Messenger, apologist, and nonconformist : an examination of Thomas Grantham's leadership among the seventeenth-century General Baptists.

DSpace/Manakin Repository

BEARdocs is currently undergoing a scheduled upgrade. We expect the upgrade to be completed no later than Monday, March 2nd, 2015. During this time you will be able to access existing documents, but will not be able to log in or submit new documents.

Show simple item record

dc.contributor.advisor Pitts, William Lee, 1937- Essick, John D. Inscore.
dc.contributor.other Baylor University. Dept. of Religion. en 2008-12
dc.description.abstract This dissertation argues that Thomas Grantham (1633/4-1692) was instrumental in organizing and legitimizing the General Baptists in Lincolnshire and Norfolk in the second half of the seventeenth century. The first chapter introduces the study and provides a historiographical survey of the variety of ways in which Grantham has been studied. Chapter two is a biographical and literary sketch of Grantham’s life and published documents. Unlike most surveys of Grantham’s writings which focus on select publications, the literary sketch in the second chapter provides a brief and basic introduction to all of Grantham’s writings. The third chapter of this dissertation builds on the conclusions of J. F. V. Nicholson by examining Grantham’s role in consolidating the office of Messenger and establishing it as a distinctive third office among the General Baptists in the seventeenth century. Grantham helped to solidify the office of Messenger between 1660 and 1700 by publishing defenses of the Messenger’s office, preaching, baptizing, planting churches, and ordaining ministers in Lincolnshire and later in Norfolk. Chapter Four examines Grantham’s apologetic efforts to defend the baptized believers against Anglicans, Catholics, Quakers, and Presbyterians. He was called upon to contend with other Christian groups by means of public debates and epistolary correspondence. The fifth chapter addresses Grantham’s interactions with the government and his thoughts on civil matters. He represented the baptized believers of Lincolnshire before Charles II and called all Christians to remain loyal, peaceable subjects. Grantham affirmed the acceptance of government-issued licenses to preach and congregate for religious purposes, and he unequivocally instructed his readers to avoid revolution or sedition. Grantham argued that the baptized believers supported the welfare of England by paying taxes; he even believed Christians could hold positions in civil government and serve in the military. en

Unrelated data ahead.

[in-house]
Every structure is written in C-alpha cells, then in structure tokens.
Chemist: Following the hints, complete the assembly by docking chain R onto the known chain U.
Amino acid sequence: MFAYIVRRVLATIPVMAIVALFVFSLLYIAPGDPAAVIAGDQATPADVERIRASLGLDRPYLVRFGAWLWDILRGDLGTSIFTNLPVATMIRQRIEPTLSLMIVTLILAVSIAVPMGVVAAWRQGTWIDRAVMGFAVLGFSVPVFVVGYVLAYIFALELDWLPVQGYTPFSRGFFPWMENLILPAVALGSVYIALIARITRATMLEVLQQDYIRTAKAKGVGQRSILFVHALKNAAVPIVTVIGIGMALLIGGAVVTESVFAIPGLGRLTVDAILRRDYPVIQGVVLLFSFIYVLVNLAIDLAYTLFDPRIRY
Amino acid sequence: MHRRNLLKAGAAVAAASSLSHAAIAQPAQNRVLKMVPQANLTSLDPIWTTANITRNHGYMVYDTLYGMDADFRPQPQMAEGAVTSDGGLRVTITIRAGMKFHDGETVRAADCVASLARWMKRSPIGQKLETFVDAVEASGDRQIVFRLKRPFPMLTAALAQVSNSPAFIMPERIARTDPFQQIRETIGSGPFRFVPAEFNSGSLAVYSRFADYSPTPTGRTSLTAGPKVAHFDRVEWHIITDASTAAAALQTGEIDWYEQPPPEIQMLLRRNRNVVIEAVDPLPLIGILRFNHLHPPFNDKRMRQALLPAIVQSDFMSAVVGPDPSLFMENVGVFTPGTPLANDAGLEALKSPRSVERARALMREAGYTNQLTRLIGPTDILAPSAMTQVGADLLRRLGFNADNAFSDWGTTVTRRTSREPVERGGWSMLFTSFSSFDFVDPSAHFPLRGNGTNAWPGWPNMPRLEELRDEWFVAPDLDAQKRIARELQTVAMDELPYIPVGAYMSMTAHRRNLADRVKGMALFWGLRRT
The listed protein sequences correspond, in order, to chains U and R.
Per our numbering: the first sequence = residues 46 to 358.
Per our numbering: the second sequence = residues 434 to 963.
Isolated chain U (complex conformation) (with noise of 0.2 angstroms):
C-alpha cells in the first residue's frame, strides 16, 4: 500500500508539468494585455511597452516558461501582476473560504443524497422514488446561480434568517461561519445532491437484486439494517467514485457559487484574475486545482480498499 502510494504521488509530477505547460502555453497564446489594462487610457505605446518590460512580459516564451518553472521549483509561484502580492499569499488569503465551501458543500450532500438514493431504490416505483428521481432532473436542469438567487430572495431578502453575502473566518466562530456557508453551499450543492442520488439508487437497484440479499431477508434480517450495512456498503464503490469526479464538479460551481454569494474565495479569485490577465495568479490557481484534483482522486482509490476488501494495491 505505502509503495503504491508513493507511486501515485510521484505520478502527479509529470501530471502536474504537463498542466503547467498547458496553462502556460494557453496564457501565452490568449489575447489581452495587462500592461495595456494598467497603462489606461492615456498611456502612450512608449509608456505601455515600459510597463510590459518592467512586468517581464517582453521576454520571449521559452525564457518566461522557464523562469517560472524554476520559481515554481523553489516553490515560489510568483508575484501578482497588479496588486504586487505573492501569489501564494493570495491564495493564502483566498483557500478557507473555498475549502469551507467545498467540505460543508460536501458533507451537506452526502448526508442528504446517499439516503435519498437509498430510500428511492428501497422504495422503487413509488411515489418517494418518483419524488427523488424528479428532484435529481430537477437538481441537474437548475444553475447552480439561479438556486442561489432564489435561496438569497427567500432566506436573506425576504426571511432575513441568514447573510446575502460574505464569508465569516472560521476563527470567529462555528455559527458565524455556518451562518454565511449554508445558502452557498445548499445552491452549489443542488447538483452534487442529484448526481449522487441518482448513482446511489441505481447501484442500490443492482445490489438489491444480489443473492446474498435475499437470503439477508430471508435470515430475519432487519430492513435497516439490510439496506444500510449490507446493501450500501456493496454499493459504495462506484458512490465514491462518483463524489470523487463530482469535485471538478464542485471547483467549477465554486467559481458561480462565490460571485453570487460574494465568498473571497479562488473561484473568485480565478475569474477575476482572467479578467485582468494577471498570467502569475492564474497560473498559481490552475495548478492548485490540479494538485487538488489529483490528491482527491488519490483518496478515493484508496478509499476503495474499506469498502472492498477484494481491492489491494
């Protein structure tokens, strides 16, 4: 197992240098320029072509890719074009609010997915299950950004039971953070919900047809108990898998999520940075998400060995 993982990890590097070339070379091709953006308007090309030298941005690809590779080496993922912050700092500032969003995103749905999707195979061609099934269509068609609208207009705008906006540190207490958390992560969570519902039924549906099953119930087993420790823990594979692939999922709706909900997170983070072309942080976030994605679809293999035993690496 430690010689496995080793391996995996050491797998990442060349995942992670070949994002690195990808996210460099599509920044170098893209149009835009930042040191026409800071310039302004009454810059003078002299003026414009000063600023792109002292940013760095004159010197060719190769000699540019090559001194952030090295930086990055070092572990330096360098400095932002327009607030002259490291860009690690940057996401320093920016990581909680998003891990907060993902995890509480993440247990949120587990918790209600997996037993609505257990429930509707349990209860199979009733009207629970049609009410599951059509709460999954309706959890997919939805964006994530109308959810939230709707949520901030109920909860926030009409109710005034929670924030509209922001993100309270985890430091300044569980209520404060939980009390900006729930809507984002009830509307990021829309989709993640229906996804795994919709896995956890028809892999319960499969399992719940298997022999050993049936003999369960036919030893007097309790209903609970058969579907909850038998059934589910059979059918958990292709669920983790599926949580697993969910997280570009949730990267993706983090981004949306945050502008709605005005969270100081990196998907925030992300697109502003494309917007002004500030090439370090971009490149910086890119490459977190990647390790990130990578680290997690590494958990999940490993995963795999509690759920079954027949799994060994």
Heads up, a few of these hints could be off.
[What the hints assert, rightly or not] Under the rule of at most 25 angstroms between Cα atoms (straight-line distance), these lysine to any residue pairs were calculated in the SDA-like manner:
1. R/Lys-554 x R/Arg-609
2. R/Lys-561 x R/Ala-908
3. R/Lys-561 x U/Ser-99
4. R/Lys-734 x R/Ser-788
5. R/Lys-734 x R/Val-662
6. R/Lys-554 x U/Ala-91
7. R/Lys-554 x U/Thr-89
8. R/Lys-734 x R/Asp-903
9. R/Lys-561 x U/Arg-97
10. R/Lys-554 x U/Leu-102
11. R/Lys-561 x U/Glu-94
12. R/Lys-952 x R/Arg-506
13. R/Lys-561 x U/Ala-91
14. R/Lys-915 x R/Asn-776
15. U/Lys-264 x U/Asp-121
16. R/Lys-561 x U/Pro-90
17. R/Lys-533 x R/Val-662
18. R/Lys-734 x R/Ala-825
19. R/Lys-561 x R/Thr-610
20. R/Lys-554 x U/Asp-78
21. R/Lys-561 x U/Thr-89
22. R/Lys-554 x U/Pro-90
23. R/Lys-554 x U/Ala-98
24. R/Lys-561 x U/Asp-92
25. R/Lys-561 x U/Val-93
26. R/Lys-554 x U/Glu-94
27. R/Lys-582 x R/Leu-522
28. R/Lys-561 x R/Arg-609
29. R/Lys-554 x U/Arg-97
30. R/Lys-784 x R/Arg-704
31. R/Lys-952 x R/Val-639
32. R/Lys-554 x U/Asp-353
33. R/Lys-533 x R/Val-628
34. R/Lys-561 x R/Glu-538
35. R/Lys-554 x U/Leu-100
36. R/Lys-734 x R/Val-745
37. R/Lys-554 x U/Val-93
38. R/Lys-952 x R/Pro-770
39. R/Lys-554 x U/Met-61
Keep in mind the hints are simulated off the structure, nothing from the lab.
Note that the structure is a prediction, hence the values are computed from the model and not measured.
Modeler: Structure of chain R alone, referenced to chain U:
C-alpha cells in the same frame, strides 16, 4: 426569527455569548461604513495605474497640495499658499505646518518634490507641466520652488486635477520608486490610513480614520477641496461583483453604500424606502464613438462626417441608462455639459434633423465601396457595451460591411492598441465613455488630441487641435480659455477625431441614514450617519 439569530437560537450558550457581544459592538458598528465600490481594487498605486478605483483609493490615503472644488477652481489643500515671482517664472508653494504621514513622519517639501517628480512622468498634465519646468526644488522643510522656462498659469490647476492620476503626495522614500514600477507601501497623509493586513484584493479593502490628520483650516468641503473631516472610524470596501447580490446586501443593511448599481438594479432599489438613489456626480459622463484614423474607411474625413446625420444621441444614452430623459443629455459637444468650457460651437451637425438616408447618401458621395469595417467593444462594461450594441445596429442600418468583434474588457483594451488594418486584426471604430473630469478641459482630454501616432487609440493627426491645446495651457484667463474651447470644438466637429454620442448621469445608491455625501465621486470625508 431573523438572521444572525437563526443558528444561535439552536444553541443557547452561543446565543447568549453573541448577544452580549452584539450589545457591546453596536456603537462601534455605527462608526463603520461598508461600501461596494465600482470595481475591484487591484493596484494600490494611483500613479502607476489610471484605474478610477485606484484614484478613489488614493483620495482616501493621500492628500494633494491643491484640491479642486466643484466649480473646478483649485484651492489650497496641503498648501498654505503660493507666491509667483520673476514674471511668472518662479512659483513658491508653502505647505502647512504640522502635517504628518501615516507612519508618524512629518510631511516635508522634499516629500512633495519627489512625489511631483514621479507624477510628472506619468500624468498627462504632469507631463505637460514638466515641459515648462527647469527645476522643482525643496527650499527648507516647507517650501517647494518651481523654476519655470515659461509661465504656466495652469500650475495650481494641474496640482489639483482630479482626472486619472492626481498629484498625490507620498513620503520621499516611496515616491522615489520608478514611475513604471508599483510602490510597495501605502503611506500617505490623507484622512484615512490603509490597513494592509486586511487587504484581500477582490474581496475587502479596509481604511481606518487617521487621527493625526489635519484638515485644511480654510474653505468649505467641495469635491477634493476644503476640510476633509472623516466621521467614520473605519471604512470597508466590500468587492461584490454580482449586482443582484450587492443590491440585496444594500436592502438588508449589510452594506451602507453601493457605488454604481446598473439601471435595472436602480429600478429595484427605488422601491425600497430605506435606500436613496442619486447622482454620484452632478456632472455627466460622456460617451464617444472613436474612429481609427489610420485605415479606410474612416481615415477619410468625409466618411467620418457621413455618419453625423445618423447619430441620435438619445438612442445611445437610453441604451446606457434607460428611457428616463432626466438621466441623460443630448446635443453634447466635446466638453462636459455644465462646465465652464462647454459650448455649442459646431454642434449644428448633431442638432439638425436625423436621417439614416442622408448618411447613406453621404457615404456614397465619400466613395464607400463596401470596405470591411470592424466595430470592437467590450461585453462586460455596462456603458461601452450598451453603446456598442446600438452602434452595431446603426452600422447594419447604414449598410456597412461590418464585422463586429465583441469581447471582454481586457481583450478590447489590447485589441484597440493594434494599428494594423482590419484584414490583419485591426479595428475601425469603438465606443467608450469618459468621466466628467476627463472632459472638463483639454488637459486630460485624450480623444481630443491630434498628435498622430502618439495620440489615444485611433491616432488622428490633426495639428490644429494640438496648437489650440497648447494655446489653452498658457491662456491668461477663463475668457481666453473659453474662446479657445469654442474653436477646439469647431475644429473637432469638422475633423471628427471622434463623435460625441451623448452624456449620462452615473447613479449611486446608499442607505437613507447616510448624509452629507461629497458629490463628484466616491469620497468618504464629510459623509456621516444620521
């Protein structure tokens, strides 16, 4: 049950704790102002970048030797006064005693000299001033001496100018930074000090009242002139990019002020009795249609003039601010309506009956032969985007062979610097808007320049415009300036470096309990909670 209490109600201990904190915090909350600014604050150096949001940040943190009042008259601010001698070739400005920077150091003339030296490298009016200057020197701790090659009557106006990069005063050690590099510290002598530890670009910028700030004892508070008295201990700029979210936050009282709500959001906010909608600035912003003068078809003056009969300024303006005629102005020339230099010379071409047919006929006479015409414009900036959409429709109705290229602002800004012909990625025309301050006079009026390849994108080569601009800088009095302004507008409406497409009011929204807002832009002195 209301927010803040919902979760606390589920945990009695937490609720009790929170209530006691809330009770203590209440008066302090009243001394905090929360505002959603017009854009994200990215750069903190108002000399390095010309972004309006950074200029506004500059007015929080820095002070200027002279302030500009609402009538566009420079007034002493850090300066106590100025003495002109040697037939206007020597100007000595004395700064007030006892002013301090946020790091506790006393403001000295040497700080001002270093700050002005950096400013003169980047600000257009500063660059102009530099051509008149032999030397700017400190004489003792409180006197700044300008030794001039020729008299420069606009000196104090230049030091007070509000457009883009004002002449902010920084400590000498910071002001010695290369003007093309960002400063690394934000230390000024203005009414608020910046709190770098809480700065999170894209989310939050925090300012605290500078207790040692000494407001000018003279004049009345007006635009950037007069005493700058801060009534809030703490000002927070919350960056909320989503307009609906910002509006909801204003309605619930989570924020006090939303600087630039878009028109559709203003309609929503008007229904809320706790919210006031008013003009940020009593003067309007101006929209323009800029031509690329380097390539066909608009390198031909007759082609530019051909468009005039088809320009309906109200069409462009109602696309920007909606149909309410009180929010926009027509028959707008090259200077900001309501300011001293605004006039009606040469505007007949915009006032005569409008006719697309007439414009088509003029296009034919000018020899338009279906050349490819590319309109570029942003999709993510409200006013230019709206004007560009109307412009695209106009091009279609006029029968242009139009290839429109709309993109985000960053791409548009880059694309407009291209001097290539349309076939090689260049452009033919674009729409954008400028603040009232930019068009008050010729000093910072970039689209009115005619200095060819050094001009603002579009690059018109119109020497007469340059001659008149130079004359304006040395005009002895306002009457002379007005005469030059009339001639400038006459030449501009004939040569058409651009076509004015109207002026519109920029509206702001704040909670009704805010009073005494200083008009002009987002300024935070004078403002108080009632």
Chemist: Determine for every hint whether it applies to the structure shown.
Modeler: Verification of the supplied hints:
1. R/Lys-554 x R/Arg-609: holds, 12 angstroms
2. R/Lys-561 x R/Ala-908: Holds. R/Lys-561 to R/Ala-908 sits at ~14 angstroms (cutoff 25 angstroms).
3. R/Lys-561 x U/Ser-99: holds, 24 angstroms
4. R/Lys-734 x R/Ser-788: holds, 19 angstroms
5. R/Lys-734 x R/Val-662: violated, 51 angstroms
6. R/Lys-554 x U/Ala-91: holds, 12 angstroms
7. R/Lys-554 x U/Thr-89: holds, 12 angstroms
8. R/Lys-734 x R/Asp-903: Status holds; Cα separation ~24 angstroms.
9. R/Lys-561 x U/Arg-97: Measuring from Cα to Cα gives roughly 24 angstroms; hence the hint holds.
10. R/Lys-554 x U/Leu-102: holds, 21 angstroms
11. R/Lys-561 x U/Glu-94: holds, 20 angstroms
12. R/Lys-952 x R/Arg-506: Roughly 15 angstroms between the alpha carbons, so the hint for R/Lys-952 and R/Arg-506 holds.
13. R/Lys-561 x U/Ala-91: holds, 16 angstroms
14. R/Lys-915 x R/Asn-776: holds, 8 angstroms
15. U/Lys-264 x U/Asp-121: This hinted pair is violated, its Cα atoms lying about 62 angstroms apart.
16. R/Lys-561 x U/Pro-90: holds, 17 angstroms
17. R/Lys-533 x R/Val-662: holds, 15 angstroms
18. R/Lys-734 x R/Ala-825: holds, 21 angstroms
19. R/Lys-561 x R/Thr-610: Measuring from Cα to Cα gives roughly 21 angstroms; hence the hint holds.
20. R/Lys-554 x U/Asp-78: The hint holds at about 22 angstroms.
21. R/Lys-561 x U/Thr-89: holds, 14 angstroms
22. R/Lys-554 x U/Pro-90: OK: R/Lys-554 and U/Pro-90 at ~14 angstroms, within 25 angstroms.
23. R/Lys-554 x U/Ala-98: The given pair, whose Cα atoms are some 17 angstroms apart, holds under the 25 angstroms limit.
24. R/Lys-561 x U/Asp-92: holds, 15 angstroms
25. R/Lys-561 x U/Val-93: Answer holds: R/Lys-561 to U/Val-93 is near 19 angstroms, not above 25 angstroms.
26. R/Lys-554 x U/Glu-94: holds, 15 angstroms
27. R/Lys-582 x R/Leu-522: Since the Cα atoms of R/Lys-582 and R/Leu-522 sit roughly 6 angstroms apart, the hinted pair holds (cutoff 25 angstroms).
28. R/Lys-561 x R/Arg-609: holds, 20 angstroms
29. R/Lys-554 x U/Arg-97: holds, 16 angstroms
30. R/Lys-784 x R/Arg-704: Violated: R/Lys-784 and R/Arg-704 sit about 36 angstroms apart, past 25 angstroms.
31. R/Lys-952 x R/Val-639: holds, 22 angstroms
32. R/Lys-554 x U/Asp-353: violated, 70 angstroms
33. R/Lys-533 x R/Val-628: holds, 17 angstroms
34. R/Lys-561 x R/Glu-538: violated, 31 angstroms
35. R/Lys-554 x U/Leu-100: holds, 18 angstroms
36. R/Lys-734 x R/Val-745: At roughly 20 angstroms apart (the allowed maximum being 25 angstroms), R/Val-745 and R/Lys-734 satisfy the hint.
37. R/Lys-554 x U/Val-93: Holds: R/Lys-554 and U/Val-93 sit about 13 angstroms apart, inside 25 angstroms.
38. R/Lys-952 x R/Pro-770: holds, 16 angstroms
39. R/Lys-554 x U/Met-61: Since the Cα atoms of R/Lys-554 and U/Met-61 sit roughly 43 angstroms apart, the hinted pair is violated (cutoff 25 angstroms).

dc.rights Baylor University theses are protected by copyright. They may be viewed from this source for any purpose, but reproduction or distribution in any format is prohibited without written permission. Contact for inquiries about permission. en
dc.subject Grantham, Thomas, 1634-1692. en
dc.subject Baptists --- England -- History -- 17th century. en
dc.subject Dissenters, Religious --- England -- History -- 17th century. en
dc.subject Church and state -- Baptists -- History -- 17th century. en
dc.subject Baptists -- Government -- History -- 17th century. en
dc.title Messenger, apologist, and nonconformist : an examination of Thomas Grantham's leadership among the seventeenth-century General Baptists. en
dc.type Thesis en Ph.D. en
dc.rights.accessrights Worldwide access en
dc.contributor.department Religion. en

Files in this item

This item appears in the following Collection(s)

Show simple item record

Search BEARdocs

Advanced Search


My Account